Tuesday, May 05, 2020
The only Pulitzer the 1619 Project deserved was for fiction
By Post Editorial Board | New York Post
Pulitzer malpractice: Apparently, willful error can now win you the most elite prize in journalism.
As it was designed to do, The New York Times’ woefully mistaken 1619 Project just won a Pulitzer Prize. Worse, the award for commentary actually went to Nikole Hannah-Jones for her essay introducing the series — that is, to the article that brought the most sustained criticism from historians across the spectrum for its naked errors of fact.
The project’s central conceit is that “out of slavery grew nearly everything that has truly made America exceptional: its economic might, its industrial power, its electoral system.” Hannah-Jones even argued that the main reason American Revolution was fought to preserve slavery — a claim so contrary to the truth that the Times eventually corrected that part of her essay, though only to add two words: Now it says “some of” the founders fought chiefly for that reason.
It’s still not true — and the experts she consulted told her so. Leslie M. Harris, a black history prof at Northwestern, says she warned Hannah-Jones: “Far from being fought to preserve slavery, the Revolutionary War became a primary disrupter of slavery in the North American Colonies.”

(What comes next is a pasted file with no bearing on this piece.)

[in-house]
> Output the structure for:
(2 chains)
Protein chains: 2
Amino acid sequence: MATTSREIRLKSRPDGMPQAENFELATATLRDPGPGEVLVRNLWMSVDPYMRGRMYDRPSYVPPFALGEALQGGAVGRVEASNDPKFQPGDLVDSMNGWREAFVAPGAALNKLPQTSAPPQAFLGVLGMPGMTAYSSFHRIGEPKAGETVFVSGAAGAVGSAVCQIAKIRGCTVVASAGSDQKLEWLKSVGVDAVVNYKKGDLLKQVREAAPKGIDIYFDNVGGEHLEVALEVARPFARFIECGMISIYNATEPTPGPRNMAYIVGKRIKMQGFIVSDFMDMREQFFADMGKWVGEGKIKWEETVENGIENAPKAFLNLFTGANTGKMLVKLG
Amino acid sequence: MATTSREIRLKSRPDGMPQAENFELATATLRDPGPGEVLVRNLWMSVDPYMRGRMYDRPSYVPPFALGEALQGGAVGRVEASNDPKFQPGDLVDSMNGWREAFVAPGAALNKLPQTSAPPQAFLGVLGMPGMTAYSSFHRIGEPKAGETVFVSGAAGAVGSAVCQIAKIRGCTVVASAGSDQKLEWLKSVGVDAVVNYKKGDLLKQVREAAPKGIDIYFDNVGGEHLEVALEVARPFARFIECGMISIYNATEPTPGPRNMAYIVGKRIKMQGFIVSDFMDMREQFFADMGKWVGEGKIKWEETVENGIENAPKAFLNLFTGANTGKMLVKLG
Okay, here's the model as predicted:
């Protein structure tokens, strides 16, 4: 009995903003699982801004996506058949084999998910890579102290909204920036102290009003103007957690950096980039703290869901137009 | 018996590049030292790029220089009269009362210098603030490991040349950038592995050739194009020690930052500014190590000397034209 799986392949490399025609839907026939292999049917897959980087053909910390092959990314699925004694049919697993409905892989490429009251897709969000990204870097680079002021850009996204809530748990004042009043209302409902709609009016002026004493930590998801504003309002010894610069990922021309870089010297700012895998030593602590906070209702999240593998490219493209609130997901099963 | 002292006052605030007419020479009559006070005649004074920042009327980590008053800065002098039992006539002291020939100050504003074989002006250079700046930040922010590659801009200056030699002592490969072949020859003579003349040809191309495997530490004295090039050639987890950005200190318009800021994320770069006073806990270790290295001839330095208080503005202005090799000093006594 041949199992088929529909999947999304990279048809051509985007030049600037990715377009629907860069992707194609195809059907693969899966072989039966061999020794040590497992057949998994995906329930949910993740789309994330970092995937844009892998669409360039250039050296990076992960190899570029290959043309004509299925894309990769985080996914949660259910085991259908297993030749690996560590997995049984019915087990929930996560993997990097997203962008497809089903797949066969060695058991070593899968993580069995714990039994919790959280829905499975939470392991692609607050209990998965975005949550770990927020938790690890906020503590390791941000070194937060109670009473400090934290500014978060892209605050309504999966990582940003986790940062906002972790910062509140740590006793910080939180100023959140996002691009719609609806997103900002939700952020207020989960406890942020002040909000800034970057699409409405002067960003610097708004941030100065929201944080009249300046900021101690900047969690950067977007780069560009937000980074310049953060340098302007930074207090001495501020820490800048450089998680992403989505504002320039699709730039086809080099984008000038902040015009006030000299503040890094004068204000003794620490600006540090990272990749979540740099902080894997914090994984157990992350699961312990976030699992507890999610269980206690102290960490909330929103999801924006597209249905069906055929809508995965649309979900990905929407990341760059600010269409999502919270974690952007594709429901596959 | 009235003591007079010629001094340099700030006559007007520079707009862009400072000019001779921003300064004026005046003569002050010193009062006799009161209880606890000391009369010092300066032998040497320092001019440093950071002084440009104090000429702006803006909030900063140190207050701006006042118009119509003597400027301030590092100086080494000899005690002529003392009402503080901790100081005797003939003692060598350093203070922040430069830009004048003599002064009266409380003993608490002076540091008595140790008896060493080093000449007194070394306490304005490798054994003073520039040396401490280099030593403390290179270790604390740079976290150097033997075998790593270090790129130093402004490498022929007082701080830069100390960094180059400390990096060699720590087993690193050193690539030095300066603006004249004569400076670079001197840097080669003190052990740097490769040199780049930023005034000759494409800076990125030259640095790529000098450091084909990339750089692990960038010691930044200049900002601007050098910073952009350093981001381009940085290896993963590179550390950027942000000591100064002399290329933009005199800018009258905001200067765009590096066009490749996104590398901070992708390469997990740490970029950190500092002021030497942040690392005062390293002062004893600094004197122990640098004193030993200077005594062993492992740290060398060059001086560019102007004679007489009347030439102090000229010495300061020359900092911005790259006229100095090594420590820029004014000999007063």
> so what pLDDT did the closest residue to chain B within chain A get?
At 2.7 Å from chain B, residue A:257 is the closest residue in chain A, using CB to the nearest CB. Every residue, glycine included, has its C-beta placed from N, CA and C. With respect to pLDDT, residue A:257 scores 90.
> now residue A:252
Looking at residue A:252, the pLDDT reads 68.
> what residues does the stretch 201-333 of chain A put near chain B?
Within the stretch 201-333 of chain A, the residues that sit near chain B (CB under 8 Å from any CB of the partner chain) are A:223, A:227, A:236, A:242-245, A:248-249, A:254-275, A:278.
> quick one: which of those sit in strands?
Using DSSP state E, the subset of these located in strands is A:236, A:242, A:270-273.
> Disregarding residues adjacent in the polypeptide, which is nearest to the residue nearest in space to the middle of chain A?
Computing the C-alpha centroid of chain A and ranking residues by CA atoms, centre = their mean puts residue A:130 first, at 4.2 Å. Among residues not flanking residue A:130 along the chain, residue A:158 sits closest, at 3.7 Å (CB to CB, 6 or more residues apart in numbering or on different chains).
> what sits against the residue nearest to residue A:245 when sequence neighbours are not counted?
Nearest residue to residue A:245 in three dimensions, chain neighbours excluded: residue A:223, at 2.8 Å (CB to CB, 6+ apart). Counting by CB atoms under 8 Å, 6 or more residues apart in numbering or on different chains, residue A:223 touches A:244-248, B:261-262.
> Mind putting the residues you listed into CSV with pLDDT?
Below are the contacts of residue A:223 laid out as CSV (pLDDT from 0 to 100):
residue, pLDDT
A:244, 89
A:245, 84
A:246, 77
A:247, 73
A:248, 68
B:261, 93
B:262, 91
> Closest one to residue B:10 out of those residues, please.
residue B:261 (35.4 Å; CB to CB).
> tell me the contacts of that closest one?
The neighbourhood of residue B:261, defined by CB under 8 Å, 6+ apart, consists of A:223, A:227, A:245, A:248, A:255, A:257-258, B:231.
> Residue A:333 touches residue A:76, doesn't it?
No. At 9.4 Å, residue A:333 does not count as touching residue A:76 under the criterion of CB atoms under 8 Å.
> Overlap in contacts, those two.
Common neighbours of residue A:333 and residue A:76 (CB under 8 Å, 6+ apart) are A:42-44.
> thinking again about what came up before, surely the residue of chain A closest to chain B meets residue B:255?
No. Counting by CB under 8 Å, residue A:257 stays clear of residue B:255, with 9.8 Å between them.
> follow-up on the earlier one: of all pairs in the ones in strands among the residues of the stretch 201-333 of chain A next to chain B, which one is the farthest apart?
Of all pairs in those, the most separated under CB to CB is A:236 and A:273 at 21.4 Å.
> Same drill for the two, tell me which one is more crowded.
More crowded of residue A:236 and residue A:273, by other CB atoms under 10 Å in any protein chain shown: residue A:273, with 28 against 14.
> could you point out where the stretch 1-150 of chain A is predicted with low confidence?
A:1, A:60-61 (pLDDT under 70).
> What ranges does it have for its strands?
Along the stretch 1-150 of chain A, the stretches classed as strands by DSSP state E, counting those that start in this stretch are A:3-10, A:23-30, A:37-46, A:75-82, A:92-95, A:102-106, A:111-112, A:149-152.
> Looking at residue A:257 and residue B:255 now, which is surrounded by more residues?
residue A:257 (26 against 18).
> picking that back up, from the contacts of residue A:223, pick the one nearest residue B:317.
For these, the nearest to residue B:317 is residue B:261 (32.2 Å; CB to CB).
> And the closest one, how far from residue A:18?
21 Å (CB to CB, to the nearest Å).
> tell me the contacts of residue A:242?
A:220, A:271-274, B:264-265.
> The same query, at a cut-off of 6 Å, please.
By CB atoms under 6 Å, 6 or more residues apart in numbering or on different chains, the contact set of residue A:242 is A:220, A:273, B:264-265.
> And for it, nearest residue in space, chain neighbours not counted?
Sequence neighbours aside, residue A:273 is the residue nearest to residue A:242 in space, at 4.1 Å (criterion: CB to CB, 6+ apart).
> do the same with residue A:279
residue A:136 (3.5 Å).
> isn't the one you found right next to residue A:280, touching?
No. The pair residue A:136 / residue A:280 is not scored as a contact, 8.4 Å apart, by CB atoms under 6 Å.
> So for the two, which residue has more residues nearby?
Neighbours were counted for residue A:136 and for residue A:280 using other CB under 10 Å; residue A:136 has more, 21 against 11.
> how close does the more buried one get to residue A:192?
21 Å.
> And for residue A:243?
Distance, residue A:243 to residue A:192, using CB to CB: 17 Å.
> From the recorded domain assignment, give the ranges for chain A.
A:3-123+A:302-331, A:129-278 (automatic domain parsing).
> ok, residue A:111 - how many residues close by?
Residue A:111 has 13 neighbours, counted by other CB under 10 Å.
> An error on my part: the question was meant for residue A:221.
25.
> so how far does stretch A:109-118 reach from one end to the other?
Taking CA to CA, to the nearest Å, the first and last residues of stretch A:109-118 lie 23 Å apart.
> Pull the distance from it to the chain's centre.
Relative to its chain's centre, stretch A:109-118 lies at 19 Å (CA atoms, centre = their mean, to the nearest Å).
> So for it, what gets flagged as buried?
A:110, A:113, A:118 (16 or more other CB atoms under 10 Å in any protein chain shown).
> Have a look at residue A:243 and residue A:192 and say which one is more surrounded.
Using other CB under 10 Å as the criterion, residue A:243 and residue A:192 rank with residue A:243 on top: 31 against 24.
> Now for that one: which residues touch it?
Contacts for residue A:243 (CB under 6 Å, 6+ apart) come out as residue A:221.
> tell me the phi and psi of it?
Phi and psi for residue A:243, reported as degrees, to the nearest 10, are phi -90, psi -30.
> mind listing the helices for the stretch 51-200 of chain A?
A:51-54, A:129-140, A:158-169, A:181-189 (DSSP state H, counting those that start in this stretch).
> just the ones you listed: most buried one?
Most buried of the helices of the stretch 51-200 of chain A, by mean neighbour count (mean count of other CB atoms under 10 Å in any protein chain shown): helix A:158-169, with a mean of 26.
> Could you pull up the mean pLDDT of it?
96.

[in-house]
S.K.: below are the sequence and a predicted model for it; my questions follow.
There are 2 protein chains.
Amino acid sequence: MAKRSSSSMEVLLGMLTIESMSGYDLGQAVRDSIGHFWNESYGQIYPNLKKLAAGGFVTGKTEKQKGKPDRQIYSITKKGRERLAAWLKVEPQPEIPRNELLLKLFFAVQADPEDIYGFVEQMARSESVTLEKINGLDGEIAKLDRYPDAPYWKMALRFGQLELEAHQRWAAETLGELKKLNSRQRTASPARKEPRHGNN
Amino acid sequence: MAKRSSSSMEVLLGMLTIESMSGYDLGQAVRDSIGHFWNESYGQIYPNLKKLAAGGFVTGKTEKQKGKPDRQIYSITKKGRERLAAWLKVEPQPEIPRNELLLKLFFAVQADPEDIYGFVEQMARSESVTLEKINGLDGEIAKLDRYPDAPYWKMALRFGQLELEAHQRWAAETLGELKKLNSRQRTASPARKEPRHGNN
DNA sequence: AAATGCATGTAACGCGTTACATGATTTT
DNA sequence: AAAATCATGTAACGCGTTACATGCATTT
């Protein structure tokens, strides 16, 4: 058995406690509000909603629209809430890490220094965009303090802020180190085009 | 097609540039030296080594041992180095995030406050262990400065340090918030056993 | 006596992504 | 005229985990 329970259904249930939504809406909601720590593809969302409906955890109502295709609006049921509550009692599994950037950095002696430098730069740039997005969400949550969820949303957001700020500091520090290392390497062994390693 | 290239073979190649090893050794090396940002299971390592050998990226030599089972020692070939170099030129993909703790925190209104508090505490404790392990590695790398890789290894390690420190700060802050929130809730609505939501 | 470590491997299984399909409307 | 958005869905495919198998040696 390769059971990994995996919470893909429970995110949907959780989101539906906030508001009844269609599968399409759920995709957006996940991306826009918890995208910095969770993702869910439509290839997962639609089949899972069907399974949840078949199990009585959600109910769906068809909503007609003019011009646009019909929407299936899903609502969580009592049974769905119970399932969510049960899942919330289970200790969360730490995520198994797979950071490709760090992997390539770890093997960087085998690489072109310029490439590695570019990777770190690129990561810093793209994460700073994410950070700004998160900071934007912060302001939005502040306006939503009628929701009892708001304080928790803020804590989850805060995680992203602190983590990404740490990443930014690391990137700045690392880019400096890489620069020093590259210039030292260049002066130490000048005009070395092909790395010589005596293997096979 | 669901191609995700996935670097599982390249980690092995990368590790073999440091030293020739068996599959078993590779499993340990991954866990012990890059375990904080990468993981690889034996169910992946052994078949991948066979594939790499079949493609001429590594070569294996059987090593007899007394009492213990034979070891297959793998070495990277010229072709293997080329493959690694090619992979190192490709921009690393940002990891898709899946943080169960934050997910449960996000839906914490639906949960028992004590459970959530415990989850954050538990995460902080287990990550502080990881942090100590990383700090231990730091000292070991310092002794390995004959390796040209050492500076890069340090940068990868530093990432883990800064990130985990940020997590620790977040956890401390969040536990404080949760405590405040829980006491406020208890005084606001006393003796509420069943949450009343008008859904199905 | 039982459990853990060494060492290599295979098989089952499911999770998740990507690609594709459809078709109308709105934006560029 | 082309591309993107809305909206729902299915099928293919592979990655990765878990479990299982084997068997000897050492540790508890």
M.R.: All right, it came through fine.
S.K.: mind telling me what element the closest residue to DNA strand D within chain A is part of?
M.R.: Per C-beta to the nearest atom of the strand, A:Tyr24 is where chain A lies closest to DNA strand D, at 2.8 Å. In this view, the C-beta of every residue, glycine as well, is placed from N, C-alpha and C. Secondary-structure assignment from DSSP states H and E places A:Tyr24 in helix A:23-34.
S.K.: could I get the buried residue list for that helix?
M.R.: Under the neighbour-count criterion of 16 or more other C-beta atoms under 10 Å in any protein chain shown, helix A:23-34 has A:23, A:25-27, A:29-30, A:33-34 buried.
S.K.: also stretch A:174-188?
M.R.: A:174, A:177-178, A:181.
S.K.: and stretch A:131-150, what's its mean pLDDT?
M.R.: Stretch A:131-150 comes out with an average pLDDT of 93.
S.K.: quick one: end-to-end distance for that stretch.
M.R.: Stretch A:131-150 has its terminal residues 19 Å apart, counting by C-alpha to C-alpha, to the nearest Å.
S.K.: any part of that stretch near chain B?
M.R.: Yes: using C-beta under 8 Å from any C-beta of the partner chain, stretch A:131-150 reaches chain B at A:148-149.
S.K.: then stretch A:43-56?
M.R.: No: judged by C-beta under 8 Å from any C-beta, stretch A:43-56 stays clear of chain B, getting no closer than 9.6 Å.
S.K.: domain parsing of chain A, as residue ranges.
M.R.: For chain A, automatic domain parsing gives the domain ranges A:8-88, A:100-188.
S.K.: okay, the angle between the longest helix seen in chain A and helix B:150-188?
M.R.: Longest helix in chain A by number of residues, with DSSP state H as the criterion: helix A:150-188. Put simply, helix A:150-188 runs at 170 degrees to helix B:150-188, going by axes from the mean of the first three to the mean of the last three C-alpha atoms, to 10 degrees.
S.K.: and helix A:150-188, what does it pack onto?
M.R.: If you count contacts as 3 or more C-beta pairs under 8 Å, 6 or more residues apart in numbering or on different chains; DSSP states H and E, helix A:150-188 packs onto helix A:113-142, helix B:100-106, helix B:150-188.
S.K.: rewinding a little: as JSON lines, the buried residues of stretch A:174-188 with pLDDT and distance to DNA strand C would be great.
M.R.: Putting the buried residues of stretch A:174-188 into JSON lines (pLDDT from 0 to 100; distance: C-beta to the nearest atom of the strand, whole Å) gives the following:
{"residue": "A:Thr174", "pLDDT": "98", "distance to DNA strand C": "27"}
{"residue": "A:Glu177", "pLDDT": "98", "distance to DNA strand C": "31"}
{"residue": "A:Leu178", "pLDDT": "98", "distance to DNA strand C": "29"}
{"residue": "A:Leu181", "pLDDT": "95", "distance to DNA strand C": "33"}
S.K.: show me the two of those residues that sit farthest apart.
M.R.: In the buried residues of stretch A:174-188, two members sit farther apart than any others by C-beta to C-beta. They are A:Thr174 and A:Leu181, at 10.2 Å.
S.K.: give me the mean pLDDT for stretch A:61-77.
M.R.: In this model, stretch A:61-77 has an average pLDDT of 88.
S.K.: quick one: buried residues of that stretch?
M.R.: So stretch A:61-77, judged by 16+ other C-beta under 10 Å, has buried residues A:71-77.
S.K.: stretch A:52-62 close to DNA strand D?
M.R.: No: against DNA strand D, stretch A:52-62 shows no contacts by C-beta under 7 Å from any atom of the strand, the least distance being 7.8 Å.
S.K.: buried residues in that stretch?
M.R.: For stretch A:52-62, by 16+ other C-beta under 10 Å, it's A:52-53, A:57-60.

Apparently, willful error can now win you the most elite prize in journalism.
Nor was that her only distortion. Hannah-Jones also claims that President Abraham Lincoln “opposed black equality.” As part of The Post’s weeklong Twisted History series on the 1619 Project, historian Allen Guelzo pointed out that that Lincoln called for black voting rights and was hailed by Frederick Douglass as “emphatically the colored man’s president.”
But Hannah-Jones’ project barely mentions Douglass — a giant of 19th century America — or other great black freedom fighters. Even the Rev. Martin Luther King Jr. and the entire civil-rights movement get short shrift because they contradict her thesis.
Slavery and Jim Crow are tremendous stains on America’s history. But Hannah-Jones took it far beyond that, insisting that they are the nation’s essence. That’s why the country’s top US history scholars — Princeton’s Sean Wilentz and James McPherson, Brown’s Gordon Wood, CUNY’s James Oakes — united to denounce Hannah-Jones’ core claims.
Too bad the Pulitzer committee now thinks that facts are irrelevant to journalism.